Sorry for the suspense, everybody. I know you have been checking this blog daily, maybe even hourly, to see if I did make it to 100 birds in Indiana by the end of April. Well, with buying a house, moving, shoving couches through windows, cutting box-springs in half, putting together lawnmowers, and grilling chicken, things have been pretty busy. We also just got internet service today after a week-and-a-half without. But now I’m back in the blogosphere. And the answer to the question you have been dying to know is that, yes, at the last hour, I did make it to 100 birds (102, actually).

#099 were two Black Vultures seen soaring above Johnny Appleseed Park in Fort Wayne. I was able to spot them because they were flying with a group of Turkey Vultures.

#100 was a Savannah Sparrow seen at Fox Island, and it was a lifer! Unfortunately, I could not get a photo.

#101 was a Baltimore Oriole, first spotted by Jaime, also at Fox Island. She has an eye for orange birds.

#102 Rose-Breasted Grosbeak

#102 Rose-Breasted Grosbeak

#102 was this Rose-Breasted Grosbeak, seen on the same trip to Fox Island. I managed to get a photo of everything on him except for his rose-breast.

#103 Solitary Sandpiper

#103 Solitary Sandpiper

The first year bird in May was #103 Solitary Sandpiper seen at Eagle Marsh.

#104 Eastern Kingbird

#104 Eastern Kingbird

Also on the Eagle Marsh trip was #104 Eastern Kingbird.

#105 Scarlet Tanager

#105 Scarlet Tanager

Moving on to Franke Park, I had a great #105 in this male Scarlet Tanager, which is always one of my favorites.

And to bring things to the present, the most recent bird was #106 House Wren seen while walking through our new neighborhood.

I hope to have a more thorough update this weekend, because I still only have 3 warblers on the year. Plus, our backyard is much better at attracting birds than the small patch of grass we had in Indianapolis.

Drought

Indiana is taking a beating from the summer. We have had about a dozen 100+ degree days, and maybe four times that many 90+ with almost no rain on top of it all. This has resulted in burn bans, watering bans, and fireworks bans throughout the state. Grass is crispy and water levels are low. But this last part made Eagle Creek Reservoir a jackpot for shorebirds this past weekend, as receding water lines have exposed acres and acres of mudflats that offer a smorgasbord of arthropods and mollusks for them. Mmm.

I am sure that I observed more than two lifer varieties of sandpiper, but I was only able to positively identify two of them. I recently read a book that said there are three levels of birding proficiency: the first is when you can start to identify warblers, the second is when you can start to identify birds of prey, and the third is when you can start to identify sandpipers. This outing put me uncomfortably into Level-3 birding. There are approximately 72 million species of sandpiper, and they all look exactly alike.

Least Sandpiper

Least Sandpiper

This Least Sandpiper was my first lifer of the day. I was able to positively identify it thanks to the convenient fact that sandpipers exist in three sizes: small, medium, and large. The Least is the only small sized sandpiper with yellow legs. Check. Also, the lady with the spotting scope observing it from ten yards away told me it was a Least Sandpiper.

Solitary Sandpiper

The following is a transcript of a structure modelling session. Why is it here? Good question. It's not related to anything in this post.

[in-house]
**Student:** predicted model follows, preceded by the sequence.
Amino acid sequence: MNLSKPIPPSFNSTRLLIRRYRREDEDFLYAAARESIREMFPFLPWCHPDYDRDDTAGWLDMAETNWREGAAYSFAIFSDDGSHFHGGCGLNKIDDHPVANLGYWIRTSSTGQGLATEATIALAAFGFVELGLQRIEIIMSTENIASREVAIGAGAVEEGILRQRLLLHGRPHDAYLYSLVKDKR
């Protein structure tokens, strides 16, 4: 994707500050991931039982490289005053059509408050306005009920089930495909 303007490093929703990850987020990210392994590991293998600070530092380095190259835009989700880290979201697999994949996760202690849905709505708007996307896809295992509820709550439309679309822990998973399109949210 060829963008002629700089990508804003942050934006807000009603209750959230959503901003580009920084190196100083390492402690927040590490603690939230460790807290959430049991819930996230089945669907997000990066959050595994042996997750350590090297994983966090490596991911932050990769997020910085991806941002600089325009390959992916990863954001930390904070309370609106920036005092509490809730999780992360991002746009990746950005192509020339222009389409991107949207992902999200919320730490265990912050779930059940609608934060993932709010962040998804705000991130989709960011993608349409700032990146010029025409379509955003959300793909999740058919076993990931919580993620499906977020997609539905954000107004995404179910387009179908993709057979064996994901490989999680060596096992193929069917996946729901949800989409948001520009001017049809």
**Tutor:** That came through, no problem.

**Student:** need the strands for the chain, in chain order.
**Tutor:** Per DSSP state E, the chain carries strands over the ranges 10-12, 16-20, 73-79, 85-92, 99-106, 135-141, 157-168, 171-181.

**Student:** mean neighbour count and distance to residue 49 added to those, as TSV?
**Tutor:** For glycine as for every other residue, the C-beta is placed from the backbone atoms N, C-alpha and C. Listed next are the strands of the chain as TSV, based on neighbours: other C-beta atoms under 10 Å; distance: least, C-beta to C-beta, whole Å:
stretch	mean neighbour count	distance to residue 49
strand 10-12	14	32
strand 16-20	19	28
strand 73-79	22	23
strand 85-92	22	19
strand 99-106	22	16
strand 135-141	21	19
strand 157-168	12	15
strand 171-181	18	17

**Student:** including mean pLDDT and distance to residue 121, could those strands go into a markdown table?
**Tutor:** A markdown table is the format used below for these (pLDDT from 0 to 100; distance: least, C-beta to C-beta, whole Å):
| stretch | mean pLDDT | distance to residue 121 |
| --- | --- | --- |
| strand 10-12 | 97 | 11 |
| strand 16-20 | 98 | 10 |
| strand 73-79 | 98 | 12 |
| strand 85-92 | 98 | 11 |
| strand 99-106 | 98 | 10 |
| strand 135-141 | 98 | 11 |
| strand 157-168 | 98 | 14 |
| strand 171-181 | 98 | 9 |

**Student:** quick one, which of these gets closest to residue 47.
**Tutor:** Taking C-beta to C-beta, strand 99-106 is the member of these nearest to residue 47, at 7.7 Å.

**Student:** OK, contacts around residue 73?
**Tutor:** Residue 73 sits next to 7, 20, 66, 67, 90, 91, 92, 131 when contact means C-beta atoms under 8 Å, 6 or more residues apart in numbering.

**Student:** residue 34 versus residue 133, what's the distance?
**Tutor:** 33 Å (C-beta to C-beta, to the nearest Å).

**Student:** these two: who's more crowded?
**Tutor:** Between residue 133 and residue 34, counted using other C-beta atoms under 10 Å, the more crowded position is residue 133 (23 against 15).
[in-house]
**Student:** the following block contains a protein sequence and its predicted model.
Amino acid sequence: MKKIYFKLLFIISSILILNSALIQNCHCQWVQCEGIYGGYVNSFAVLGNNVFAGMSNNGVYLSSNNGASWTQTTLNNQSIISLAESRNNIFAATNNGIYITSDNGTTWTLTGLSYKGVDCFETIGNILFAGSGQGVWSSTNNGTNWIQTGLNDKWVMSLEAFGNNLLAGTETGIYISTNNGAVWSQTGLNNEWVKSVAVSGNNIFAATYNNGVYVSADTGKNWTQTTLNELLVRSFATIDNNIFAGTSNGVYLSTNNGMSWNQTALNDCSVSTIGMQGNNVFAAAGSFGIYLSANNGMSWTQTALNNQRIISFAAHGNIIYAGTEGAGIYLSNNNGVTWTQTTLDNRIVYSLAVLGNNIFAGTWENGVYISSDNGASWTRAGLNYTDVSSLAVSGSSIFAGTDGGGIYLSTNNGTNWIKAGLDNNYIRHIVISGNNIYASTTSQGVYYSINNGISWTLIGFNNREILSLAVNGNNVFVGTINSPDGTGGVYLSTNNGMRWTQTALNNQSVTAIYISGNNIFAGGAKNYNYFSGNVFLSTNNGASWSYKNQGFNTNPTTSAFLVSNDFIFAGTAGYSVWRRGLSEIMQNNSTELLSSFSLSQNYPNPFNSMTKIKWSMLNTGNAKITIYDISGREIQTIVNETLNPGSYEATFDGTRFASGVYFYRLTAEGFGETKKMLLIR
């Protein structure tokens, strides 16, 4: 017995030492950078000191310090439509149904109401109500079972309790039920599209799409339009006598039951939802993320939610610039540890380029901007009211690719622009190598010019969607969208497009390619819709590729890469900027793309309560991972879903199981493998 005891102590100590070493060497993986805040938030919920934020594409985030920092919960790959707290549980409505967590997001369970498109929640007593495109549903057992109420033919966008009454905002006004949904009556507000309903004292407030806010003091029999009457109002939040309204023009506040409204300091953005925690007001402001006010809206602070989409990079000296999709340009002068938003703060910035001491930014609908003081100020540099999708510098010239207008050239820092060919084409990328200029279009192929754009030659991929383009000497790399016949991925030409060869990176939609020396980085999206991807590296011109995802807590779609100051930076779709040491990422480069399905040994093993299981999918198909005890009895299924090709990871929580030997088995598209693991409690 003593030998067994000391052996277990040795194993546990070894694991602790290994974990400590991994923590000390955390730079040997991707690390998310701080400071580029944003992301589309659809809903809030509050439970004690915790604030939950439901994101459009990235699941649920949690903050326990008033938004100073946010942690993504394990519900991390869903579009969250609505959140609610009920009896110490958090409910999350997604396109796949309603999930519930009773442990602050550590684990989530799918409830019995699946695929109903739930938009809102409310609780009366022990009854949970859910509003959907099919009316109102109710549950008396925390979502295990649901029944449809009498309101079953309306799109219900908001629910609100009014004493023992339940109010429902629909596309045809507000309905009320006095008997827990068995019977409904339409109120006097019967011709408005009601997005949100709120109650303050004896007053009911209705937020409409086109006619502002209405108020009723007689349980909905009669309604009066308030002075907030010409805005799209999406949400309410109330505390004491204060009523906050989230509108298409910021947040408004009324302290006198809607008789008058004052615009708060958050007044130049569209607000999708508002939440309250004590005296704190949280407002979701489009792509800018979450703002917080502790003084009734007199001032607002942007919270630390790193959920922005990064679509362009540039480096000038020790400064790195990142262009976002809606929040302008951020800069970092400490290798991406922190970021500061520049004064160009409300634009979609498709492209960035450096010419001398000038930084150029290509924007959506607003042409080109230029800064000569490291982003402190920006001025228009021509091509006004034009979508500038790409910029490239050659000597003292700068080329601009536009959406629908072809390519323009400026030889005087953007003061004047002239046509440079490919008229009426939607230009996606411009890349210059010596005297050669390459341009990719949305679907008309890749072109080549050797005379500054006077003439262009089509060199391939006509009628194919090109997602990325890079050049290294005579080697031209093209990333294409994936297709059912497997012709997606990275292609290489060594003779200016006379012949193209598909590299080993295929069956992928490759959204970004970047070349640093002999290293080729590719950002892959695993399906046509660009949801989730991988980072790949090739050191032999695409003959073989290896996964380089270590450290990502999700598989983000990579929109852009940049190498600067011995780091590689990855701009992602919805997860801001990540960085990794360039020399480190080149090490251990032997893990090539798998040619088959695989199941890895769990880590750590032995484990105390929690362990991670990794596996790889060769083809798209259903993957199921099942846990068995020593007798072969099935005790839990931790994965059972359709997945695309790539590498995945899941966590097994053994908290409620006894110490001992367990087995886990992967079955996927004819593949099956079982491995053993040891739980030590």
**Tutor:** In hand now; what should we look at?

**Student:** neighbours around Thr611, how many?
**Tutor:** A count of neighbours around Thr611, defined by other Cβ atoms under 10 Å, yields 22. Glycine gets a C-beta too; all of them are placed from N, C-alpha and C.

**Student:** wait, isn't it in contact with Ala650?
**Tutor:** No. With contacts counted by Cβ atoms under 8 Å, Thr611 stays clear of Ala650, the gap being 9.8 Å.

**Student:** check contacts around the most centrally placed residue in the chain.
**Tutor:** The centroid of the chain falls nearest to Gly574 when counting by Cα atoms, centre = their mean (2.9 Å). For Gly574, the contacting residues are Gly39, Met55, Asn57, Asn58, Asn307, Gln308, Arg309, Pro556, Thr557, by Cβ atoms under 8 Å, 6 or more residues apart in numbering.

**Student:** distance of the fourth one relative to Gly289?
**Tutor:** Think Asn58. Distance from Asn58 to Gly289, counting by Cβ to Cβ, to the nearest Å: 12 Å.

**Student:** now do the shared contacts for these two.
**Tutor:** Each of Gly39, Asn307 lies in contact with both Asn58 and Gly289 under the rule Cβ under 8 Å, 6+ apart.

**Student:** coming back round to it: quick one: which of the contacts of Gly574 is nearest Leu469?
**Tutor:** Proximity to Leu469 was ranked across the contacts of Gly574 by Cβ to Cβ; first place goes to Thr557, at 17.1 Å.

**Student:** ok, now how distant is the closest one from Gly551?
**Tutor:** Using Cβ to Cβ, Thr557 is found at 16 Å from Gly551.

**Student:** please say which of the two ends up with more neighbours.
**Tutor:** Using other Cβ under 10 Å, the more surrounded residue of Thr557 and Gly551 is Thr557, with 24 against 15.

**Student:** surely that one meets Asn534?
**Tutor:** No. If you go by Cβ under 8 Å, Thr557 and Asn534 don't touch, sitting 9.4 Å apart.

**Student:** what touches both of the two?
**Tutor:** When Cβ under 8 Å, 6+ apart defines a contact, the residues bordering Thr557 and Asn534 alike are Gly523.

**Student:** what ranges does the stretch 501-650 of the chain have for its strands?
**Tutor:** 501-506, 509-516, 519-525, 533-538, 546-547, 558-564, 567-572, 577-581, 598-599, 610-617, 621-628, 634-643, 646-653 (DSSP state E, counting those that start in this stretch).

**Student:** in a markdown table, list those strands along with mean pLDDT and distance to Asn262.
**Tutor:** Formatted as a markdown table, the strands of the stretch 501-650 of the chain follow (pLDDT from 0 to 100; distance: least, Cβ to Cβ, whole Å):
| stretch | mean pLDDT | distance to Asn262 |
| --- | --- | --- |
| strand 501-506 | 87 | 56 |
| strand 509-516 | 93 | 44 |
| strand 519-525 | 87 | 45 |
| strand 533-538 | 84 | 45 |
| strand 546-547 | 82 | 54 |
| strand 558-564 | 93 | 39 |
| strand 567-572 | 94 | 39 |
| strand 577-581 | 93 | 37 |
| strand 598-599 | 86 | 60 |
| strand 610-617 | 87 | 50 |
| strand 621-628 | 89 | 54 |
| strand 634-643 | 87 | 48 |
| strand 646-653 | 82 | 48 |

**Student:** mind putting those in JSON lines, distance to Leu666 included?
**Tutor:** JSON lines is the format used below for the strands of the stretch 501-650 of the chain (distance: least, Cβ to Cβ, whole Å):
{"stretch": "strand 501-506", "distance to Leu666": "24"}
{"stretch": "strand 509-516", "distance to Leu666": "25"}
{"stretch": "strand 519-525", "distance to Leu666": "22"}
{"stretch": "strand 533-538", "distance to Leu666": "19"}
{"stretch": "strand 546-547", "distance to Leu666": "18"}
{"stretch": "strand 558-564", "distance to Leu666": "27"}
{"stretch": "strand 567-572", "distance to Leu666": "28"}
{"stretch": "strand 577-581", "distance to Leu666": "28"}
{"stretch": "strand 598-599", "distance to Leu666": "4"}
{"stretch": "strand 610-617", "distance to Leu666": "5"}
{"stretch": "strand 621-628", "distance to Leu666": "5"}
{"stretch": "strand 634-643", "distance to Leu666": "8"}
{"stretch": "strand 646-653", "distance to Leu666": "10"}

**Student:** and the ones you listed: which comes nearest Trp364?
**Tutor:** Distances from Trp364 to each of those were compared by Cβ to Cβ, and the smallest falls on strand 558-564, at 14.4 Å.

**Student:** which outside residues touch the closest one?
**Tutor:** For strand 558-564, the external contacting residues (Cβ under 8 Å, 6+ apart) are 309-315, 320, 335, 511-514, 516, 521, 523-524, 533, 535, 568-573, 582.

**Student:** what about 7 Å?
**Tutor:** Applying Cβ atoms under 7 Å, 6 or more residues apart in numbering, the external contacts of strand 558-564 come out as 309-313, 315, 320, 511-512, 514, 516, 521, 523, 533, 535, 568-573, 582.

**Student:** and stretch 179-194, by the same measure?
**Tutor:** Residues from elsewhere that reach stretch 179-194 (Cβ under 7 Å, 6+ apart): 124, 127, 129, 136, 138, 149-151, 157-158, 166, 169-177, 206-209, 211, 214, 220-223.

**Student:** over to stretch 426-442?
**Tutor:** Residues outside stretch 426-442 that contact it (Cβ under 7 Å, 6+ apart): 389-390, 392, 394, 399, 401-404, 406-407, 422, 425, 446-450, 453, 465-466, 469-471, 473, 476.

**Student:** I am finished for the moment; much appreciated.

Solitary Sandpiper

This Solitary Sandpiper, lifer number two on the day, only slightly more difficult. Probably because I was looking across the water and taking pictures of everything that moved, 100% not sure of what they were. These are what birders call “LBJ’s,” short for Little Brown Jobs. When I got home, this Solitary was actually not too bad to ID though, because it is the only medium-sized sandpiper with a full white eye ring (click the picture to zoom and you can see it). Also, I looked on eBird to find that Solitaries had indeed been sighted at Eagle Creek that day.

Killdeer

Killdeer

Also present at the reservoir was this Killdeer, which is a plover and not a sandpiper, and one of approximately three trillion at Eagle Creek on Saturday. I have seen many, many Killdeer before, and although there are quite a few types of plovers out there, they are easy to identify because of their characteristic call, the double black ring around their neck, and the fact that they are likely the only plover you will ever see away from huge lakes or the ocean.

Ring-Billed Gull

Ring-Billed Gull

This flock of seagulls was not playing 80s new wave music, but they were easy to identify as Ring-Billed Gulls because they are gulls with rings around their bills.

Yellow Warbler

Yellow Warbler

It was also a pretty decent day for passerine birds as well. This female Yellow Warbler was chowing down on a moth.

American Crow

American Crow

Likewise, this American Crow feasted on the remains of a catfish. Mmm.

I had 37 species on the day:
1.) White-Breasted Nuthatch (vocalization)
2.) American Robin
3.) Red-Eyed Vireo (vocalization)
4.) Tufted Titmouse (vocalization)
5.) Carolina Chickadee
6.) Eastern Wood Pewee (vocalization)
7.) Eastern Towhee (vocalization)
8.) Blue Jay
9.) Northern Cardinal
10.) Gray Catbird
11.) Canada Goose
12.) American Goldfinch
13.) Indigo Bunting (vocalization)
14.) American Crow
15.) Song Sparrow
16.) Double-Crested Cormorant
17.) Great Blue Heron
18.) Belted Kingfisher
19.) Mallard
20.) Barn Swallow
21.) Mourning Dove
22.) Northern Rough-Winged Swallow
23.) Willow Flycatcher (vocalization)
24.) Chimney Swift
25.) Eastern Kingbird
26.) Yellow Warbler
27.) Killdeer
28.) Cedar Waxwing
29.) American Coot
30.) Great Egret
31.) Least Sandpiper (lifer!)
32.) Red-Winged Blackbird
33.) Blue-Gray Gnatcatcher
34.) Downy Woodpecker
35.) Ring-Billed Gull
36.) Spotted Sandpiper
37.) Solitary Sandpiper (lifer!)